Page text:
Eyes Look through You
Distributed for Hirmer Publishers
In his photographic work, Ted Partin devotes himself to the image of the human being, one of the great emotional core themes of photographic history. Partin’s view of a youthful American society is presented for the first time in a museum context.
The Kunstmuseen Krefeld presents the photographs of the American artist Ted Partin (b. 1977, Tarrytown, New York, lives in Brooklyn, New York) – images that move us in ways both subtle and intelligent. His subject is people captured in everyday situations: in city streets, at home, in their cars and in the countryside. Using the means of analogue photography, and in a time-consuming process, he creates pictures in which the figures take up a natural pose. The scenes come across as intimate and aloof at the same time. The people show themselves on occasion naked but unashamed. The beholder is at once an intimate and a voyeur. And yet he learns next to nothing of the sitters, their social status, or their background. An irresolvable contradiction lurks in the photographs, a contradiction that has its origin in the documentary claim to reality on the one hand and the desire on the part of the photographer for a cinematic mise-en-scène on the other. The photographs constitute an inventory of human, local, and social situations, while at the same time being sensitive impressions.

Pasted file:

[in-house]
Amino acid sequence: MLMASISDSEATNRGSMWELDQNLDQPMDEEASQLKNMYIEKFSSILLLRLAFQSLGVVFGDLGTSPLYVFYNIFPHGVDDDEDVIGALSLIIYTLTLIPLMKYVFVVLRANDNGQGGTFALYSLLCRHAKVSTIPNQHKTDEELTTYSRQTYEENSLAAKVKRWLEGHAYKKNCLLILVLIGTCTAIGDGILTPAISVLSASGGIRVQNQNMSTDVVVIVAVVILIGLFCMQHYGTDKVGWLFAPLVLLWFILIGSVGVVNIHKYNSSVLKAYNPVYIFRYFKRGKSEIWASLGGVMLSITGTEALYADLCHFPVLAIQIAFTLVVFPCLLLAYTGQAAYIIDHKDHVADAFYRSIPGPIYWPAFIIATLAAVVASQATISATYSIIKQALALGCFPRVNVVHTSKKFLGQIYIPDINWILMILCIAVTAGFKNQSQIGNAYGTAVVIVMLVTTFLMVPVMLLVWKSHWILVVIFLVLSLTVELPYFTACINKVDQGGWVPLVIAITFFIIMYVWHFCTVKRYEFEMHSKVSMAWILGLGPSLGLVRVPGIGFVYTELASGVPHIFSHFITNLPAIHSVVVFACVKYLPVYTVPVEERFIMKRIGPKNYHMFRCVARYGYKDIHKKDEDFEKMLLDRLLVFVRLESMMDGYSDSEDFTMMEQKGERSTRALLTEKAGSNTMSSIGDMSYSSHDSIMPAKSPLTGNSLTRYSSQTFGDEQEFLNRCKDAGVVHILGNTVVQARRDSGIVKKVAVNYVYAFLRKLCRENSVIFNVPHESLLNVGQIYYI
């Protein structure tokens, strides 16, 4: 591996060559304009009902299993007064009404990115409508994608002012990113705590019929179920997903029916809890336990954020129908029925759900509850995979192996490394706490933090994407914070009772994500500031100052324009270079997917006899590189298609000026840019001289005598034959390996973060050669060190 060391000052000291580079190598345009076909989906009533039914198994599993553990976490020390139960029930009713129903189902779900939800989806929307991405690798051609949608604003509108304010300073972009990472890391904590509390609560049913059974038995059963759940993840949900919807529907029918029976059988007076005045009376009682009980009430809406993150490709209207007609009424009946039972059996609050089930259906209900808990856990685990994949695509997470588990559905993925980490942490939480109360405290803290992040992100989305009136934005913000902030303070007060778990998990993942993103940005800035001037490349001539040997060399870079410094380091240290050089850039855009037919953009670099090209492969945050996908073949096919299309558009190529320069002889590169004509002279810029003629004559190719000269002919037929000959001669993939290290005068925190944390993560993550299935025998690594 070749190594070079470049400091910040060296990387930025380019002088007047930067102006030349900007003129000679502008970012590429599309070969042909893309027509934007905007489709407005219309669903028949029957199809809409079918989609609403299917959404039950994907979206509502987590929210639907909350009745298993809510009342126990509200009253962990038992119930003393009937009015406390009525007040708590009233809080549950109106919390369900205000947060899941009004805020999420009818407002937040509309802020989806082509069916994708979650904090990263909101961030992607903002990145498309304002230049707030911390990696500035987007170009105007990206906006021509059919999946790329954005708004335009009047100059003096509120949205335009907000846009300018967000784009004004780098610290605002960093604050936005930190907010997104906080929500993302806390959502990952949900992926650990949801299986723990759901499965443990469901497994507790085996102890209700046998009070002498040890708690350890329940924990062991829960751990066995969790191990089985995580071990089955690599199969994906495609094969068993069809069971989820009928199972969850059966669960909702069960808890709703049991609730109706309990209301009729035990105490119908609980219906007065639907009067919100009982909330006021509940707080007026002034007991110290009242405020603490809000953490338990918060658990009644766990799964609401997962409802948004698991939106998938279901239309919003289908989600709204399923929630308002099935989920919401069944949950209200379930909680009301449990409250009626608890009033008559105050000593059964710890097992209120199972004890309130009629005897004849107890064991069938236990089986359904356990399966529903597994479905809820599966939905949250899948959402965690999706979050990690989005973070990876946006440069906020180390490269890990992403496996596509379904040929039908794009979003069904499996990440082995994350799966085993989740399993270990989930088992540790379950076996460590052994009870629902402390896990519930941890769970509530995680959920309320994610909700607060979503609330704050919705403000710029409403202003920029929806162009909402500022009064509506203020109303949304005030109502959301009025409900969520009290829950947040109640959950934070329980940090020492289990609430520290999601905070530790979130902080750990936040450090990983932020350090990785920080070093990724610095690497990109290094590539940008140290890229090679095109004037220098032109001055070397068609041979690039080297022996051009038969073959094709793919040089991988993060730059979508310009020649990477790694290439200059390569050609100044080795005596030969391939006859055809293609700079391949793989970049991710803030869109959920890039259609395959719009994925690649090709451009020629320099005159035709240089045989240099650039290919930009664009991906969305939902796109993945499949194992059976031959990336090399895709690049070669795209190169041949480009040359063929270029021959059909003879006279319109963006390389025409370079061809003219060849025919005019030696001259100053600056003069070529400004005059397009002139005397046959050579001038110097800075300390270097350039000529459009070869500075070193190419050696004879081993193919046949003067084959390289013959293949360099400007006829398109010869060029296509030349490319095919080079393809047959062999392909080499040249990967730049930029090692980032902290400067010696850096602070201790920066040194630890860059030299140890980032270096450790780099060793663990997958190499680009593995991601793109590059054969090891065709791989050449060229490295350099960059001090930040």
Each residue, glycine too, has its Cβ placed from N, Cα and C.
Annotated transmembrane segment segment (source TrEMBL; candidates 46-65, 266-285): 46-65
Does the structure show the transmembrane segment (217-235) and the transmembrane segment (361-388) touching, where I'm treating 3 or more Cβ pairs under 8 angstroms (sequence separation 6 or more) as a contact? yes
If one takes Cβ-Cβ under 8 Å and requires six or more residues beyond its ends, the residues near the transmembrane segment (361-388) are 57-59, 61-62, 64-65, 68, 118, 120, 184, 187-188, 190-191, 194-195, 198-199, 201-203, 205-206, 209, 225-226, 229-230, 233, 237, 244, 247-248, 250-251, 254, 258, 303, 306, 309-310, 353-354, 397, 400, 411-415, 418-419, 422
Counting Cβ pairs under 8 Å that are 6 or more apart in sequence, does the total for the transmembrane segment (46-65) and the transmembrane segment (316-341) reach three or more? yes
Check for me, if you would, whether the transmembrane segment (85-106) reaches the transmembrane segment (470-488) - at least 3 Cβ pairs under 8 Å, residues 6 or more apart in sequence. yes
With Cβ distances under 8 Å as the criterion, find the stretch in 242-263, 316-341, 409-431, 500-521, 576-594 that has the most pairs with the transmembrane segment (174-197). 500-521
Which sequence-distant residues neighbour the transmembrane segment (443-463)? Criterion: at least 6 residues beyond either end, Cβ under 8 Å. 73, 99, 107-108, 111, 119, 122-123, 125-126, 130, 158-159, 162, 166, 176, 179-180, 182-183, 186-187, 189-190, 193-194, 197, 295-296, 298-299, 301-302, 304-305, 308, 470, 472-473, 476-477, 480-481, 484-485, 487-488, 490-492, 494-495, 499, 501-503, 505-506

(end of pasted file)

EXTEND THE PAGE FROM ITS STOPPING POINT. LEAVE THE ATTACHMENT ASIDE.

In the Museum Haus Esters, the Kunstmuseen Krefeld presents some 50 photographic works on which Partin has been working since the end of 2009. The catalogue contains large-scale illustrations of all of the photographs, including for the first time, several in color. Articles by Klaus Honnef and Jeffrey Ladd, and an interview between Ted Partin and Sylvia Martin, lay the foundation for further theoretical discussion of the artist’s photographic work
Text in German and English.